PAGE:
​​​​How to become an Expert Witness

Are you at the top of your field and trying to earn more money by becoming an expert witness, but you just can't figure out how to break into the field?

Maybe you've reached out to attorneys, or you've even been approached by an attorney seeking your expertise, but you just don't know how to get started? 

It can seem overwhelming to try and enter the field of expert witnessing, especially if you've never set foot into a court room.  

So, how do you go about entering this field?  

Anyone can be considered an expert witness so long as:

  • they have sufficient skill, proficiency, and experience in a particular area of knowledge, and
  • that area of knowledge is helpful to the finder of fact in judging the matter at hand.

But that's only the first hurdle in becoming an expert witness.

Beyond meeting this bare minimum (which is the Federal Rules requirement) to be considered an expert, most experts will also have to pass the Frye or Daubert standard. 

Under the Frye standard, your opinion and testimony must be based on techniques and models that are widely accepted in the community of your area of expertise? 

If Daubert applies to you, then you can deviate from your community, so long as your professional opinions are based on peer reviewed scientific methods, and so long as your have the experience and education to support your opinion.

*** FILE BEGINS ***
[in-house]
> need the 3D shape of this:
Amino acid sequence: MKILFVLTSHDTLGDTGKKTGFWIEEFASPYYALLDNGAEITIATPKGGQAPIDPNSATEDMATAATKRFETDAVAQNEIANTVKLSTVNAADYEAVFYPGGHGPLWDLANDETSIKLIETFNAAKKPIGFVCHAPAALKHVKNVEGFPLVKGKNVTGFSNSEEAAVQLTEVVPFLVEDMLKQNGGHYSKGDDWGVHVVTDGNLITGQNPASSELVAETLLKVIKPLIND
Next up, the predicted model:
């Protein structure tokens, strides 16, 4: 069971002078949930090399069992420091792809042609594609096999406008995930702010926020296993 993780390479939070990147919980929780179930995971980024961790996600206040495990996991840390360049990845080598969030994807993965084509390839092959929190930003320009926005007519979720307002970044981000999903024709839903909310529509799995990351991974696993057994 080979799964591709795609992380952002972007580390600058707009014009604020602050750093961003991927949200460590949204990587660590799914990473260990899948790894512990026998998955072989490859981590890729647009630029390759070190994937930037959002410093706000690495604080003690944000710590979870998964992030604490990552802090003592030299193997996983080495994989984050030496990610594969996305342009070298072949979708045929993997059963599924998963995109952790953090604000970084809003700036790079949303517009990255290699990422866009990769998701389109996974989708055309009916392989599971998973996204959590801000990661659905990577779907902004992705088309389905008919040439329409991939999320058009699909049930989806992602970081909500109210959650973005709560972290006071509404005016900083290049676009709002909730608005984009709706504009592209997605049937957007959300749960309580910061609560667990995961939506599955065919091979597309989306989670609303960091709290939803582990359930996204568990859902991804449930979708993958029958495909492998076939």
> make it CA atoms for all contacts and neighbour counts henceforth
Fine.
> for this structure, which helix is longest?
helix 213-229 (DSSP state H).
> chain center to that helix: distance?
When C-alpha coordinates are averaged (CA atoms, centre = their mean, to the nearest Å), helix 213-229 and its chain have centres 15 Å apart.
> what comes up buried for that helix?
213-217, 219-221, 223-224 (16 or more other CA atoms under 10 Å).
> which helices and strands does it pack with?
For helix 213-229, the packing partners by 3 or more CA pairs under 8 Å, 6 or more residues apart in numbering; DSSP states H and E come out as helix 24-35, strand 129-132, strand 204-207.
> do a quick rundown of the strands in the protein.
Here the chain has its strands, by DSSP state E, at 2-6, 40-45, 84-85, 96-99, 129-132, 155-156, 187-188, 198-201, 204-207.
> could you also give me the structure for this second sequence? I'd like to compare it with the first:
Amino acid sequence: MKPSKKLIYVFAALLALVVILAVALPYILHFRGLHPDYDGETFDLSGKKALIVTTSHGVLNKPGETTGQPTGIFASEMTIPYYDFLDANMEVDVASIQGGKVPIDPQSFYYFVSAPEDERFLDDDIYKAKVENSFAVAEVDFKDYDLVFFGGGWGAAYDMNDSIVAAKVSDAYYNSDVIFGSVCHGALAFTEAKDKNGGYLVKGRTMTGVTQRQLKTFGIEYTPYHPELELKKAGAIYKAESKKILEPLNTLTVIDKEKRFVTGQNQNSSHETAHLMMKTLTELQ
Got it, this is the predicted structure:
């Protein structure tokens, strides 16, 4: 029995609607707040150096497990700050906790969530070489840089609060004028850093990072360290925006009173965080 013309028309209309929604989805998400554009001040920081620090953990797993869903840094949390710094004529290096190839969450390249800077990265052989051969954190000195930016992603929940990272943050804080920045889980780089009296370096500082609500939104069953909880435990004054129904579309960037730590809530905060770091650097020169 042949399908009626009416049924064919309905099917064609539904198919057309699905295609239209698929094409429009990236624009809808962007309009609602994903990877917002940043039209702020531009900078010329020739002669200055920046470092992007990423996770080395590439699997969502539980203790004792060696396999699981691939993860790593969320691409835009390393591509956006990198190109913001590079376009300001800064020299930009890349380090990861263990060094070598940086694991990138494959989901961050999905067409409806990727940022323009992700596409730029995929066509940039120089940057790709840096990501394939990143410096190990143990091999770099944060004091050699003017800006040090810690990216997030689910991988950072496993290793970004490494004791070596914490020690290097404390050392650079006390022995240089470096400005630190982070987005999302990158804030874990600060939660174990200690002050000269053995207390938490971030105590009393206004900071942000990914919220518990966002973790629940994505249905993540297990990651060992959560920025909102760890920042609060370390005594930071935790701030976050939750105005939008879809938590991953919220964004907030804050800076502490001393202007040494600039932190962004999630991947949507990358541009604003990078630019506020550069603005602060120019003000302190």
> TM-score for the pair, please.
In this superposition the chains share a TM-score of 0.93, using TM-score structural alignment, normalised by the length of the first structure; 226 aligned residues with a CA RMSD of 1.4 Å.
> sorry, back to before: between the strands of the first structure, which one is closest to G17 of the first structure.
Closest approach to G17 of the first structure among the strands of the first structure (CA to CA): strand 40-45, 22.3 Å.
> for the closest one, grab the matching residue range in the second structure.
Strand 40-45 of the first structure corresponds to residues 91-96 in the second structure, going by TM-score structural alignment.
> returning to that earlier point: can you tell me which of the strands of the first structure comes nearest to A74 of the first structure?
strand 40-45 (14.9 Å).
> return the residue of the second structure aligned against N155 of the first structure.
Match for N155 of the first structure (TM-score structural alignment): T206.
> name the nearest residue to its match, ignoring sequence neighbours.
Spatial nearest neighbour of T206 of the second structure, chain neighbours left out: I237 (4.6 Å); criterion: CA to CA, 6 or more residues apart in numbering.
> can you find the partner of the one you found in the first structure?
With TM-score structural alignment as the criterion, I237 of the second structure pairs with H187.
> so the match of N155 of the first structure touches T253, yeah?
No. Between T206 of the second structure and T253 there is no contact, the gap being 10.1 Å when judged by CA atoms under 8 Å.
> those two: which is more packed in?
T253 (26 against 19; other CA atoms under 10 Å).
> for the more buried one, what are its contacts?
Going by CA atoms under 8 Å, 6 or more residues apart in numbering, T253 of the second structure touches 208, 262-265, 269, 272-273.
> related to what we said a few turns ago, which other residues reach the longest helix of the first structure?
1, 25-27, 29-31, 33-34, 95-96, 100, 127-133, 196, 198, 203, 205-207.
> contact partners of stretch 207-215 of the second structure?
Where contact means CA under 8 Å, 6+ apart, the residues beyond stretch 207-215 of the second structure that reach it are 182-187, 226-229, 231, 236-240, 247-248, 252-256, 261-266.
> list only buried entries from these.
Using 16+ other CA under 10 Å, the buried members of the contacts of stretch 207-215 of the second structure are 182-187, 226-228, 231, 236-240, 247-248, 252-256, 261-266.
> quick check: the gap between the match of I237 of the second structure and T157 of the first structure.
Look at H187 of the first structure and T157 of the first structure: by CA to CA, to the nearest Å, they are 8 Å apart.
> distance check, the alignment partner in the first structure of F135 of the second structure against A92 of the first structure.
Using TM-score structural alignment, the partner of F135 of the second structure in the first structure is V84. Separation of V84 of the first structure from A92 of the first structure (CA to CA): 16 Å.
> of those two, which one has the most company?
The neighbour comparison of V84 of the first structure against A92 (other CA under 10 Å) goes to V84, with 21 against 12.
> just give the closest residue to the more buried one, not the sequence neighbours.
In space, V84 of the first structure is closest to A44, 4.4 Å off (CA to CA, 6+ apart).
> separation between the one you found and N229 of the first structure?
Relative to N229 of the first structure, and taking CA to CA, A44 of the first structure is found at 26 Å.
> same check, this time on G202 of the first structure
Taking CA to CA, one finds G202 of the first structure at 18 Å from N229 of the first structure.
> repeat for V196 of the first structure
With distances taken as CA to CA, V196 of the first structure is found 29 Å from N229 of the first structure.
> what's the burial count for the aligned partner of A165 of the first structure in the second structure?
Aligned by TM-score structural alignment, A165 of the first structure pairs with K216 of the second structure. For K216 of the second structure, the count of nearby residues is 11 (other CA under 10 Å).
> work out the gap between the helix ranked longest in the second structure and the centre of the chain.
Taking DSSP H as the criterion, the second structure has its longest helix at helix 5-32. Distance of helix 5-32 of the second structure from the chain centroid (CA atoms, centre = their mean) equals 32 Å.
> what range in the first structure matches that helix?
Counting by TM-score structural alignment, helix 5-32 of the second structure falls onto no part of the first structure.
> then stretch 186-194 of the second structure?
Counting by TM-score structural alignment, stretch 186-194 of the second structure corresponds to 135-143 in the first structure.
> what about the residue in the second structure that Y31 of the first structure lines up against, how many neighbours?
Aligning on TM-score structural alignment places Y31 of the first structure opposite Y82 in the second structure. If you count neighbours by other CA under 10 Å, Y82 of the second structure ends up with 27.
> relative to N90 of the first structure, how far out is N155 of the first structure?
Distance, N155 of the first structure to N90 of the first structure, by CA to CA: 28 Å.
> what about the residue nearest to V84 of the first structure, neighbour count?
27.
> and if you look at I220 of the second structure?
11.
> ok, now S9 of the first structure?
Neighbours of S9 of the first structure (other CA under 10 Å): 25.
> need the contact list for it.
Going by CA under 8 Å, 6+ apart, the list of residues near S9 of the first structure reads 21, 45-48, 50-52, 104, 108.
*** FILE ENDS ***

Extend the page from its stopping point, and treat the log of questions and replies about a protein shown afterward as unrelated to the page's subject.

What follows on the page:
Even if you manage to meet these standards, there are some other practical considerations you should think about before becoming an expert witness. 

Are you comfortable with having your work and opinion relentlessly questioned? 

Once you enter the fray of litigation, opposing counsel will make it their mission to challenge your work, your credentials, your expertise, and will strive to paint you as an unqualified, sloppy, dishonest, biased, etc. etc. hired gun.  

That can sting, especially if you're at the top of your field and unused to the confrontational and adversarial nature of litigation.  

Opposing counsel will try to dig up any information from your past that brings into question your ability to offer an opinion. They'll be looking for skeletons in your closet, such as criminal convictions, license revocations, controversial past writings, or previously being disqualified as an expert witness. 

If you have the credentials, the expertise, and a thick enough skin to become an expert witness, then you have two options:

First:

You can go it alone and try to figure out how the legal system works, you can struggle your way through the legal criteria of becoming an expert witness, of writing your CV, of surviving a Daubert motion to disqualify you, and sweat you way through testifying in a deposition or a trial 

... or ...

Second:

You can work with someone who has a step by step method that helps you put your best words forward. 

If you don't want to wait years to figure out how to be an expert witness, then you need a a system.

Introducing the L.P.A. Method at the Expert Witness Academy

It can be overwhelming to enter a new profession, which is what you're doing by raising your hand and seeking cases as an expert witness. Then, when you find a case, you're left playing catch up and there is no one to guide or mentor you. The lawyers speak fast, the documents are voluminous and overwhelming, and the facts can seem slippery. It's almost like people are hiding things from you.  


That's why we use the L.P.A. Method here at the Expert Witness Academy. 


The L.P.A. Method is a framework you can apply case after case, so that you'll be prepared and you won't fall into a trap at a deposition or at trial. Learn more about how the L.P.A. Method can improve your expert witnessing by click the button below. 

Excel as an expert witness and avoid the traps and pitfalls of your next deposition

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